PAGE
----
Paul Kemp under contract for at least one more Star Wars novel. He did have an undetailed duology announced pre-Legends, but has so far produced only one canon novel, Lords of the Sith.
Jawajames is back with a new Star Wars unboxing video. Undeterred that he wasn’t selected to be one of the official unboxing hosts for Force Friday, he’s rounded up some recent and upcoming Star Wars products to review with his co-hosts, Yowie the Skunk and Baby Jawa. Reviews include Star Wars cereal, Dark Disciple by Christie Golden, and the upcoming retelling of A New Hope: The Princess, The Scoundrel, and the Farm Boy by Alexandra Bracken.
We all know by now (hopefully) that this Friday, September 4th, is Force Friday, when a huge chunk of The Force Awakens merchandise is going to drop. And naturally, what we’re most excited about are the 5 novels in the Journey to The Force Awakens line.
But first, there are other things coming out this week. Tuesday brings season 1 of Rebels on Blu-ray and DVD. Shockingly, there are no comics coming on Wednesday. (Shattered Empire, Marvel’s entry into Journey, will be out later in the month.)
You’ll also be be seeing things like coloring and sticker books for Journey, but for our purposes, here are the standouts:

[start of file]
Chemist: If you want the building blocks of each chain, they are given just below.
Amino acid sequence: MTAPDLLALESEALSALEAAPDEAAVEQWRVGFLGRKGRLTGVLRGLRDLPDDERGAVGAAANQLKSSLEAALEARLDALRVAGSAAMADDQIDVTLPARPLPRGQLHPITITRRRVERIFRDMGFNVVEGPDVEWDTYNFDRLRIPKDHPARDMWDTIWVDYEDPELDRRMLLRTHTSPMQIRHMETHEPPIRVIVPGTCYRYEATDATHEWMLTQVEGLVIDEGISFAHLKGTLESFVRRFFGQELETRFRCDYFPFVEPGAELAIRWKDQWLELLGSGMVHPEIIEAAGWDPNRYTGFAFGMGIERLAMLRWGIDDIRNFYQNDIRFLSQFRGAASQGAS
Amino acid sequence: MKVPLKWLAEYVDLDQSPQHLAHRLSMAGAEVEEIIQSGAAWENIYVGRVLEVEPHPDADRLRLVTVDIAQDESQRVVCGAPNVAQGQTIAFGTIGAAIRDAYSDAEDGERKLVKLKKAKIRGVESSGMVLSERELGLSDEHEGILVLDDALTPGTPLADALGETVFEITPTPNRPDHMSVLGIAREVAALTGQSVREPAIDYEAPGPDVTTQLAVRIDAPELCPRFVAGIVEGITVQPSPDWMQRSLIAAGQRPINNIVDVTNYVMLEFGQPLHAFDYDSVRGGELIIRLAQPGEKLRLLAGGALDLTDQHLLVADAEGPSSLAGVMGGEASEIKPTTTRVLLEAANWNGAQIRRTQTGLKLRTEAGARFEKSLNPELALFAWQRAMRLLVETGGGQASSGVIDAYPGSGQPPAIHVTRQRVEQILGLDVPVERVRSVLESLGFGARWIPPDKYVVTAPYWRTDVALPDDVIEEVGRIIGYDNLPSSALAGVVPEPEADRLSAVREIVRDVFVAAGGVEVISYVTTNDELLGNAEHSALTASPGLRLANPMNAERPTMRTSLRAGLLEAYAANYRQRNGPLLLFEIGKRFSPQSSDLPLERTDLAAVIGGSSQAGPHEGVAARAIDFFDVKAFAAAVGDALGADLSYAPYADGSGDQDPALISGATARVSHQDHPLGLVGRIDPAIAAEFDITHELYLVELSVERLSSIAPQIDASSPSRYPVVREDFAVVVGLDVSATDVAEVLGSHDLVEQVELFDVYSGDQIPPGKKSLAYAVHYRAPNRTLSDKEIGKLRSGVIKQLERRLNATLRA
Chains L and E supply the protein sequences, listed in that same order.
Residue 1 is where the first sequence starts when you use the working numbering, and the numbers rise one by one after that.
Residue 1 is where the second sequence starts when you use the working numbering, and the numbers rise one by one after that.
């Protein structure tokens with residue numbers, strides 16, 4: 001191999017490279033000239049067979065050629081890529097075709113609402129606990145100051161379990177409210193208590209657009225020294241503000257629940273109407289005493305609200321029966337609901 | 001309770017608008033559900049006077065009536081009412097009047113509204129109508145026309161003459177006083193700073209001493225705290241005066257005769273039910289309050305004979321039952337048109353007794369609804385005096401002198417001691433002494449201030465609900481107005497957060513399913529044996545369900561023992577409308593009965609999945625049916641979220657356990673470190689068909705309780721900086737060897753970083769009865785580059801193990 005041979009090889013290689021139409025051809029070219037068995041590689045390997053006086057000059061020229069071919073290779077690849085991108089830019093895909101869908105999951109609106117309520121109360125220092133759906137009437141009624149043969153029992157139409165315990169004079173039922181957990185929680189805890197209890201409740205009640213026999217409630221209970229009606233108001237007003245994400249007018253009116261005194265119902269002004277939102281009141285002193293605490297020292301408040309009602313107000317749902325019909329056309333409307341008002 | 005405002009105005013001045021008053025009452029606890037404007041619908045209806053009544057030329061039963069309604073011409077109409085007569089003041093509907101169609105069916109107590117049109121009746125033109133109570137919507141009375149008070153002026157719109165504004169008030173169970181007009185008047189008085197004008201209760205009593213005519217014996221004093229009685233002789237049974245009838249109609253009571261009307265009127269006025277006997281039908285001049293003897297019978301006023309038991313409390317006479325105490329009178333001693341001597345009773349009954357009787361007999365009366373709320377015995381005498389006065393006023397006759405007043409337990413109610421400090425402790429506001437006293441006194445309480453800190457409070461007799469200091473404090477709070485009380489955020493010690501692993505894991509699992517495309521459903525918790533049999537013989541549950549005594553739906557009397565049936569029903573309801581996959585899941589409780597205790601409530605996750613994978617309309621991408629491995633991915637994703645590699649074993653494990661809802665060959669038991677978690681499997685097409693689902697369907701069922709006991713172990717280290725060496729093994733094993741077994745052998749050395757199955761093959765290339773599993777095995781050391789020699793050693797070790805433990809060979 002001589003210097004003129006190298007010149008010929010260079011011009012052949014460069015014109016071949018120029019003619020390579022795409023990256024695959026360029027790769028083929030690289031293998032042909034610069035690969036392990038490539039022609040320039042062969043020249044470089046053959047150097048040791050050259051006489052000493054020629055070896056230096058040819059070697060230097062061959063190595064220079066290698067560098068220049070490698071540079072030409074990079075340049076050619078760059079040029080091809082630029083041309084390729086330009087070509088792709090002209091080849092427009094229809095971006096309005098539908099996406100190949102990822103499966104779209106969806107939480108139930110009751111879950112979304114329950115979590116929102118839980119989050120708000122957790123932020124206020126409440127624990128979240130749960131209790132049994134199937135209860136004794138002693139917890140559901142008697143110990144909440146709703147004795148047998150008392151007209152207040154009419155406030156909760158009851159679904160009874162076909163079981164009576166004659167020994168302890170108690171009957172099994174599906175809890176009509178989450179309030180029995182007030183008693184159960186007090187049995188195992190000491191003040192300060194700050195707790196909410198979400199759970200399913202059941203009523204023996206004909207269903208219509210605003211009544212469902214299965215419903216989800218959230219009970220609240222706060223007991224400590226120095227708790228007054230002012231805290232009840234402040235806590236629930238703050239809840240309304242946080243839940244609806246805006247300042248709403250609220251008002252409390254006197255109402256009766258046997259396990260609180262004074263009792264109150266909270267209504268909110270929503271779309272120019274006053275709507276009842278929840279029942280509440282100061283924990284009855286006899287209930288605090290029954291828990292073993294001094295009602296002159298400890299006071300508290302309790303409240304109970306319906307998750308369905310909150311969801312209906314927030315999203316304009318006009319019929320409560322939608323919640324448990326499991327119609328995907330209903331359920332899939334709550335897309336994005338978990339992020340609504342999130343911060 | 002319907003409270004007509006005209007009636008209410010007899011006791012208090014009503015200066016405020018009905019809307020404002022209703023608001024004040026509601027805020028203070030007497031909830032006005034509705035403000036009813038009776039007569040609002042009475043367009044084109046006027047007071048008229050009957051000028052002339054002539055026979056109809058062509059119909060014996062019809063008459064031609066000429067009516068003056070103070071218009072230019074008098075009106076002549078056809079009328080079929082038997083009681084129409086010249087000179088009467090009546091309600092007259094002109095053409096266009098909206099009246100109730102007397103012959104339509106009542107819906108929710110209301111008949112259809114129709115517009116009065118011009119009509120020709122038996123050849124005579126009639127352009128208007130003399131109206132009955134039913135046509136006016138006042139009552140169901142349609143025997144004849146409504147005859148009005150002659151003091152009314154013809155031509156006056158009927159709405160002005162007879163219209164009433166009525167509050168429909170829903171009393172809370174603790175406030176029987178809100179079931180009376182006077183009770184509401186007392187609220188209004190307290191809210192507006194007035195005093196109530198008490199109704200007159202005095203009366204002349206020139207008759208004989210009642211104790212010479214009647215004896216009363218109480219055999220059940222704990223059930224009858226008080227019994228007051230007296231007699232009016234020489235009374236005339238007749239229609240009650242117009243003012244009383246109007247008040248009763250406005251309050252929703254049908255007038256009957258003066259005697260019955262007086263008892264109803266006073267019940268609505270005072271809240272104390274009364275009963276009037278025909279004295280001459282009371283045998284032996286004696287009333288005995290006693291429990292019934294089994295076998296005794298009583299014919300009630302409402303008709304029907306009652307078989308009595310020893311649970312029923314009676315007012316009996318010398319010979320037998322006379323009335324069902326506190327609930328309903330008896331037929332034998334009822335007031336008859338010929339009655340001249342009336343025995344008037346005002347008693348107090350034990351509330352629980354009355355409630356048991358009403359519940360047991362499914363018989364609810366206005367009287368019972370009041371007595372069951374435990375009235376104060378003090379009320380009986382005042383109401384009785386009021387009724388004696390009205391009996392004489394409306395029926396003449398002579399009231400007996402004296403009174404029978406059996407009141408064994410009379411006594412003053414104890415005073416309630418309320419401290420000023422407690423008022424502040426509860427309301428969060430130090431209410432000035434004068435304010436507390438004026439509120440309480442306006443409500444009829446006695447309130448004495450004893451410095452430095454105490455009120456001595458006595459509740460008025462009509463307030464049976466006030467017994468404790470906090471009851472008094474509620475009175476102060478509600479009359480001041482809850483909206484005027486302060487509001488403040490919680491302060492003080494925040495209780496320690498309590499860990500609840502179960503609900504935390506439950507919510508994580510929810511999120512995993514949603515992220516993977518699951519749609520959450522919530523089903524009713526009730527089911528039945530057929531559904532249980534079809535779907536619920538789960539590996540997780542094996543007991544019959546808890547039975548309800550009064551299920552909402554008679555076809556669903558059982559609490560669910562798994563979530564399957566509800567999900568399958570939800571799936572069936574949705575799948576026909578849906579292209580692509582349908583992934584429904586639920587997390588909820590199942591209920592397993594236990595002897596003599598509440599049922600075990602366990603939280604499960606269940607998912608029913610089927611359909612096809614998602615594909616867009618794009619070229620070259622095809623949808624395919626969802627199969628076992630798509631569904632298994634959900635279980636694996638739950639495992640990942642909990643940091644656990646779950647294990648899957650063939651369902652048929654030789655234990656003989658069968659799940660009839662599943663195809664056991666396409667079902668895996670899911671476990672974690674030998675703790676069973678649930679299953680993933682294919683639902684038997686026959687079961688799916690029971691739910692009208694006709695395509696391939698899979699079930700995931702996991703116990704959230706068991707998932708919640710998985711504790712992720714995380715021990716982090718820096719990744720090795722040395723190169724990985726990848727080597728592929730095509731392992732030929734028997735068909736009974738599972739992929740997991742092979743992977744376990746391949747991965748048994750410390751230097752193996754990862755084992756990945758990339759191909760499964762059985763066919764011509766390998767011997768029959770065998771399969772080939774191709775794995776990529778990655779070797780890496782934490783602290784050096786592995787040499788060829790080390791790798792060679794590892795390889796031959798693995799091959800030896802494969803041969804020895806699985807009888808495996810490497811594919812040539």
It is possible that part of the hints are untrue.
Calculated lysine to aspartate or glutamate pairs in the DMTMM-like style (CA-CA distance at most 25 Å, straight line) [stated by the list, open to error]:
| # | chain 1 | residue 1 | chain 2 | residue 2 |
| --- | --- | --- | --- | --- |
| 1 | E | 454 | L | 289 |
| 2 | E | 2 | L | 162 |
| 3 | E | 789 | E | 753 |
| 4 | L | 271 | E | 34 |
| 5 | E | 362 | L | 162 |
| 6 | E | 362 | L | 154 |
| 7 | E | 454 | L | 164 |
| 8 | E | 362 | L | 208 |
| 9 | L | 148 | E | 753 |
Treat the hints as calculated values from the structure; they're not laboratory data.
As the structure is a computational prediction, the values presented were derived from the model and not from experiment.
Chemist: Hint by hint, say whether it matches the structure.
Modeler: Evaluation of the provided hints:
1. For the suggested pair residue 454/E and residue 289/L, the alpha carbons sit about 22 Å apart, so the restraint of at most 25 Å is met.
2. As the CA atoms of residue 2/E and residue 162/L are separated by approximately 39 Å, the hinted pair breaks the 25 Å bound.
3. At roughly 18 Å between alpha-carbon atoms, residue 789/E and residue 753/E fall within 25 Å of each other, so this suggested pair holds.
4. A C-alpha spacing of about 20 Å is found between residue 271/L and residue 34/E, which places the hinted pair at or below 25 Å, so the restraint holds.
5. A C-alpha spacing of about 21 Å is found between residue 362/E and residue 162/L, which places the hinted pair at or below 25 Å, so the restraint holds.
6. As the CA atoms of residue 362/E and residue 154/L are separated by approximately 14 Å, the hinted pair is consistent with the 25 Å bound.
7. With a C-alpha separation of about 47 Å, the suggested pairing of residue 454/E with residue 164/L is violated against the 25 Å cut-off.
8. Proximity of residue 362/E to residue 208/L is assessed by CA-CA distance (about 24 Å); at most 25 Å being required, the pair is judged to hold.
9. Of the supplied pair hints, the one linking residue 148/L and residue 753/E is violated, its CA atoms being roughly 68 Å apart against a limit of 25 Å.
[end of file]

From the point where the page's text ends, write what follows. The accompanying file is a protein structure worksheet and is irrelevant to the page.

From Del Rey, we have Star Wars newcomer Chuck Wendig tackling Aftermath, our first canon story set after Return of the Jedi. We know it stars Wedge Antilles and new character Norra Wexley, but not much more than that. First of a trilogy. An excerpt is available, though I wouldn’t be shocked to see another in the coming days.
Disney Lucasfilm Press has four novels total. Claudia Gray’s Lost Stars is a YA novel that follows two childhood friends, one who joins the Empire and one who becomes a Rebel. The last three are set during the original trilogy, one each for Luke, Leia and Han, though we’ve recently learned they all feature prologues (at least) set in The Force Awakens era. I’ve heard these described as both for young readers and as YA, but the presence of illustrations make me think it’s the former. Jason Fry’s The Weapon of a Jedi and Greg Rucka’s Smuggler’s Run are both set between A New Hope and The Empire Strikes Back, while Cecil Castellucci and Fry’s Moving Target is our first canon story to be set between Empire and Return of the Jedi.
A handful of reference books will also be out on Friday: Star Wars: Absolutely Everything You Need to Know by Adam Bray, Cole Horton, Michael Kogge and Kerrie Dougherty and Benjamin Harper’s Ships of the Galaxy. Both are targeted to young readers, and we know that Ships, at least, has blueprints to TFA ships. We can also expect an assortment of things like sticker and coloring books, which may contain ‘new’ characters.
We’re expecting a lot of hints and small pieces in these books, but most of the heavy-hitting movie tie-ins will be out later. The Force Awakens novelization will be out on December 18 as an eBook, the same day as the film, with a hardcover edition to follow in January. We fully expect the traditional compliment of reference books – making of, concept art, etc – but those haven’t been formally announced yet. (Though are also expected in January at the very soonest.)